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vc wrote:
> Keith H Duggar wrote:
> [Irrelevant stuff skipped]
>
> Assuming Bayesian treatment (which was not specified originally, mind
> you), the derivation is still meaningless. Let's try some argument
> from authority:
[snip]
Your whole dismissal, as I recall, depends on your observation:
> P(B|A) def P(A and B)/P(A) > > the requirement for such definition being that P(A) <>0, naturally.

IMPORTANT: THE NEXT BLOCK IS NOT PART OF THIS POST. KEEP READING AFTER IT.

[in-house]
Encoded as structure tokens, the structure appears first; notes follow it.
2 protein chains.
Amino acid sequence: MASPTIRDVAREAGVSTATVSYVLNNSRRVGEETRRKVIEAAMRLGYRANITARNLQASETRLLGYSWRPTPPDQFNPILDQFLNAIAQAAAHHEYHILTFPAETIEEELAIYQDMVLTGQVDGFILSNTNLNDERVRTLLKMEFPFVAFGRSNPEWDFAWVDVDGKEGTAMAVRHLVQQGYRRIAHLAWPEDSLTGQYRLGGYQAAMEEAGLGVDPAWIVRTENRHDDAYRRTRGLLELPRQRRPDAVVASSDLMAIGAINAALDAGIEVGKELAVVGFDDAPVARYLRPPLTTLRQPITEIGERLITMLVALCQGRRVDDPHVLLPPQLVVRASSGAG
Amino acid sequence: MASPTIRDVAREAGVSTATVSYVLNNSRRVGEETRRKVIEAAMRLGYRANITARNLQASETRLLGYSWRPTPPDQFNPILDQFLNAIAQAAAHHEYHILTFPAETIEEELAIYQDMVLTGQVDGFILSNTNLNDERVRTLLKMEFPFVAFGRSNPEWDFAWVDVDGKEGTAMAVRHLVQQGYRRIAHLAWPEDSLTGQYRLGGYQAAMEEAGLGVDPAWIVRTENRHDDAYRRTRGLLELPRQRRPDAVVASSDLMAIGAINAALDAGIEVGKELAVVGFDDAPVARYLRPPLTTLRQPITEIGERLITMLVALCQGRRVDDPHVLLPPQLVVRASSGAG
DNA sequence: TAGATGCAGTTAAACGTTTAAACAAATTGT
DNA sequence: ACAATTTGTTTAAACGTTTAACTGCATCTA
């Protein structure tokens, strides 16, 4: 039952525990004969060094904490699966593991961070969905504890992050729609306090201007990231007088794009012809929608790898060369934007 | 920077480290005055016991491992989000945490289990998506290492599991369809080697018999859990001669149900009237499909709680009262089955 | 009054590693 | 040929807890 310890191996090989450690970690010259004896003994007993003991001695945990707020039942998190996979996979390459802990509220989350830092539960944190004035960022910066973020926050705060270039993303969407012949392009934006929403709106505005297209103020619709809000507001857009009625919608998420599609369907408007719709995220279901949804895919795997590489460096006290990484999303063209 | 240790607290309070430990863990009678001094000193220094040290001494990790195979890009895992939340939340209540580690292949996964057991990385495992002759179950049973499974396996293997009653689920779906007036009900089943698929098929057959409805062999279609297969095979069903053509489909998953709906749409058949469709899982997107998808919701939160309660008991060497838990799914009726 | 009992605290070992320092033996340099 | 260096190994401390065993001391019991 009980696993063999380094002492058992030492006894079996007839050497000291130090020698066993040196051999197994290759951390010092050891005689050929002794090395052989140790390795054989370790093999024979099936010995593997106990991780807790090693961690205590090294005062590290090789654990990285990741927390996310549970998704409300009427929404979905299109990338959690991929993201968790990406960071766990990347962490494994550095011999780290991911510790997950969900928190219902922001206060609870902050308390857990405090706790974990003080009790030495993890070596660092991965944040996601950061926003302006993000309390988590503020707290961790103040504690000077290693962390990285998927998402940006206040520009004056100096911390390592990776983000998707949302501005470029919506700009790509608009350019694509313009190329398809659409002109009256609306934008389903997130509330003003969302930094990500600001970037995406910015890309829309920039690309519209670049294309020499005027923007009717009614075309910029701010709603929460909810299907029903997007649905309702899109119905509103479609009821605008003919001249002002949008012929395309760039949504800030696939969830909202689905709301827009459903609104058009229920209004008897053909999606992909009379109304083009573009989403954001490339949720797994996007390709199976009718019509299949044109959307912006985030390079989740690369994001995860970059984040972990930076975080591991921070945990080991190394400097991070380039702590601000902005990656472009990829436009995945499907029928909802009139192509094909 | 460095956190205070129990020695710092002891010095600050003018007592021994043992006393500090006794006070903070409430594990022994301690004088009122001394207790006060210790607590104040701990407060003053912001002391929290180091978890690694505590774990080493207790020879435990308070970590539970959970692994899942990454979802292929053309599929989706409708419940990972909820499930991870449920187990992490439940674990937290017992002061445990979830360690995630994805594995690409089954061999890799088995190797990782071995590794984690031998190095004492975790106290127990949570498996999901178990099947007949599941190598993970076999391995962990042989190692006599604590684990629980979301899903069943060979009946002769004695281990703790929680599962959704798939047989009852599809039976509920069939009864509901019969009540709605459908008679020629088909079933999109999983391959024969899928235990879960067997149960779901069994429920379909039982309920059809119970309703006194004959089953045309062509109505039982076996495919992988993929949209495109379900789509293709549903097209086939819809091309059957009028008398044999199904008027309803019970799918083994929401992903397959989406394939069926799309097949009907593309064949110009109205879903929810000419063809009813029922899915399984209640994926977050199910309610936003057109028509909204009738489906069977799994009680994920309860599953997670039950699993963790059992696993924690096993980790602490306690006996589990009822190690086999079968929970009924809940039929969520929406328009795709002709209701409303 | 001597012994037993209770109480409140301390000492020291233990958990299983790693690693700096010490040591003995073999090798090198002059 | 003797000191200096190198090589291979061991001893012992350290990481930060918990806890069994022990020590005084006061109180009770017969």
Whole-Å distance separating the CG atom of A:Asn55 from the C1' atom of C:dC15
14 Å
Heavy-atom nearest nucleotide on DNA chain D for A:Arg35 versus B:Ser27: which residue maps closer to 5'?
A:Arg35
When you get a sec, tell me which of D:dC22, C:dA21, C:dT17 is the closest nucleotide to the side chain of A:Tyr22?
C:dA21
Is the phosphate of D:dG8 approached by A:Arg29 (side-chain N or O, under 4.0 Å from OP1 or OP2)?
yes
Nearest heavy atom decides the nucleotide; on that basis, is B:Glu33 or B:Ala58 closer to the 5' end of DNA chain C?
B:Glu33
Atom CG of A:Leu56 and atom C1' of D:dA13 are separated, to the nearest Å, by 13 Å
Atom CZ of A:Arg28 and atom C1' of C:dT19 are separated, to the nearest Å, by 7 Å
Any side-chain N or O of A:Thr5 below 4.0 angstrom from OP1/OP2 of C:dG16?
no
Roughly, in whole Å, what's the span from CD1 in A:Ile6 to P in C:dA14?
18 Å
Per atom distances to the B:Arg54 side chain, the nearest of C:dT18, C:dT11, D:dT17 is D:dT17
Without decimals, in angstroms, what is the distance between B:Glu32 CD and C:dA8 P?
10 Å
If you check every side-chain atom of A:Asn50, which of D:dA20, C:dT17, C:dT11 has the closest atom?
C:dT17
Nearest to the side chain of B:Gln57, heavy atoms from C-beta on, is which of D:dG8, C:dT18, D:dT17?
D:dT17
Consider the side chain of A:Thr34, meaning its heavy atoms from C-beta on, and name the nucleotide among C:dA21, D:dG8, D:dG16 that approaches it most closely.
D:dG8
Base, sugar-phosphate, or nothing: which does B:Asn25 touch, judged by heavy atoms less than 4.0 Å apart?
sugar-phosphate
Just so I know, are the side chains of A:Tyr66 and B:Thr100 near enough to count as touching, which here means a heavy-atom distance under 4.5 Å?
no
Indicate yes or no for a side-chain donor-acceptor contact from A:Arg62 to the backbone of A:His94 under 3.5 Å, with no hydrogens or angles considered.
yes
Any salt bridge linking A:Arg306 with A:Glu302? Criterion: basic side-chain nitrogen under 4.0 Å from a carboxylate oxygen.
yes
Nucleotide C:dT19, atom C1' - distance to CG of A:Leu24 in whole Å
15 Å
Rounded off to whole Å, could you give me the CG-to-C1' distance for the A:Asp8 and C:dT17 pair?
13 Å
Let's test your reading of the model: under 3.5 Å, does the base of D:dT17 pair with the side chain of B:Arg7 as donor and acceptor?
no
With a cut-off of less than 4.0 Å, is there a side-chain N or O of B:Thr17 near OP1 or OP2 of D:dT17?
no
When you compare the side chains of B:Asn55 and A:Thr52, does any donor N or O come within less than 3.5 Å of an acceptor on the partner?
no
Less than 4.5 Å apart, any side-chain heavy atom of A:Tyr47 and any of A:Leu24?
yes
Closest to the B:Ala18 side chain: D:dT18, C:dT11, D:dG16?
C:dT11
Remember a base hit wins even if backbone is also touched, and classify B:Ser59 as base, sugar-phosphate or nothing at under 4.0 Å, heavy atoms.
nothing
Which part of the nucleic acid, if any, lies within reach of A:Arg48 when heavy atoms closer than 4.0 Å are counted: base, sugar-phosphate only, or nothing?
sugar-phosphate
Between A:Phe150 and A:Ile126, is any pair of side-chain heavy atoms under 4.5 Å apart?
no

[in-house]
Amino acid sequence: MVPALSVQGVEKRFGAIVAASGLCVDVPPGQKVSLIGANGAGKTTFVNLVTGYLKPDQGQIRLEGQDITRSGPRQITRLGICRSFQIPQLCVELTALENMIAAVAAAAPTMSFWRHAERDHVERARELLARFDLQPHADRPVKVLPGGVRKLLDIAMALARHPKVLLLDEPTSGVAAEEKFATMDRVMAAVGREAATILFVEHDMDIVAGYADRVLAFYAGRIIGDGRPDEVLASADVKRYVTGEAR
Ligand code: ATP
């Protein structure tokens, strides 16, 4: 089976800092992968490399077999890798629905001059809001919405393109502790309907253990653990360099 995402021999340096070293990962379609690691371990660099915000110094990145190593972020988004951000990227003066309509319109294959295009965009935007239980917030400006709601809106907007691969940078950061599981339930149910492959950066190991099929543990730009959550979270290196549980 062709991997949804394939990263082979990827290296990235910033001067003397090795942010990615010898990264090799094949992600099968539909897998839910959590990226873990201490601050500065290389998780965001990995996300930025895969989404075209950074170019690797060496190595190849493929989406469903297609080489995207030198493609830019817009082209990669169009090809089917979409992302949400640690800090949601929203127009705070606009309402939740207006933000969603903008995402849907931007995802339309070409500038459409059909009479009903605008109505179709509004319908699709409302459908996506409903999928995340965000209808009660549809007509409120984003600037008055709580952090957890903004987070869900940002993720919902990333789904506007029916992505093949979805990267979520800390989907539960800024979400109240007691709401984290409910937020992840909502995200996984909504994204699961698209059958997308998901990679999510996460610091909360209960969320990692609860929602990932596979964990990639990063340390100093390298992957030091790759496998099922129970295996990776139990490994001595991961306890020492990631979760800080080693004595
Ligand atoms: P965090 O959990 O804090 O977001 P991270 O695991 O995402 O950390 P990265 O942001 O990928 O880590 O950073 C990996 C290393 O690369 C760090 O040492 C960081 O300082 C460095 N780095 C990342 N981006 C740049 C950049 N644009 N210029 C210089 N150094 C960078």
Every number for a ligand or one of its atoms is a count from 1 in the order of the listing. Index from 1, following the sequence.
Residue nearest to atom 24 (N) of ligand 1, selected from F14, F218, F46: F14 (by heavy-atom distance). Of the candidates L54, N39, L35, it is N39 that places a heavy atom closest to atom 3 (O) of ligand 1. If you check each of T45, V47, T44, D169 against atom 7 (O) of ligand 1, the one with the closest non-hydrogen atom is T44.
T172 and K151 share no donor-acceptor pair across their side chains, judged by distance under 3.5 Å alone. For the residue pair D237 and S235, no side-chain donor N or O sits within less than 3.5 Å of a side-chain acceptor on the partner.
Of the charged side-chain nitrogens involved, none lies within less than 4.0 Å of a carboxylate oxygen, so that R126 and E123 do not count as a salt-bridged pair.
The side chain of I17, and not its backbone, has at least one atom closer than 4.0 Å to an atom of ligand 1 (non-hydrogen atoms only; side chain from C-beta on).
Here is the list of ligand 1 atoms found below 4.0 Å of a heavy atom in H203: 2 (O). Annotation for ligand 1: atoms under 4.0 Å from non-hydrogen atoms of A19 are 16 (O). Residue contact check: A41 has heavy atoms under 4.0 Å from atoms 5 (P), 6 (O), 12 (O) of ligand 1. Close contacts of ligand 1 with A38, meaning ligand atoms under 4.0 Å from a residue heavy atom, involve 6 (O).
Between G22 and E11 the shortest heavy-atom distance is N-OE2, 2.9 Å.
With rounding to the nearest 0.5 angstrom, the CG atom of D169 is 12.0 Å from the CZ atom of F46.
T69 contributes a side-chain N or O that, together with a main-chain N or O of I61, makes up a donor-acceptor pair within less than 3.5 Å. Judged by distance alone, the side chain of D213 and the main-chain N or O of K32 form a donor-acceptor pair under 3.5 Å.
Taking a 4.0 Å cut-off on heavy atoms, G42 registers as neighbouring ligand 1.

Keith used the equivalent definition:
P(A and B) = P(B|A)P(A), which places no requirements on P(A) because one does not divide by P(A).
In the case of P(A) = 0, P(A and B) = 0 and P(B|A) is indeterminate, which is to say, we don't care what it's value might be and it could be any real number; although, as a probability, we restrict it to real numbers in the range [0...1].
Thus, both of Keith's proofs were entirely valid because he neither inferred nor concluded using the indeterminate P(B|A). He made the valid conclusion that P(A and B) = 0 when P(A) = 0. Received on Sat Jun 10 2006 - 23:14:27 CDT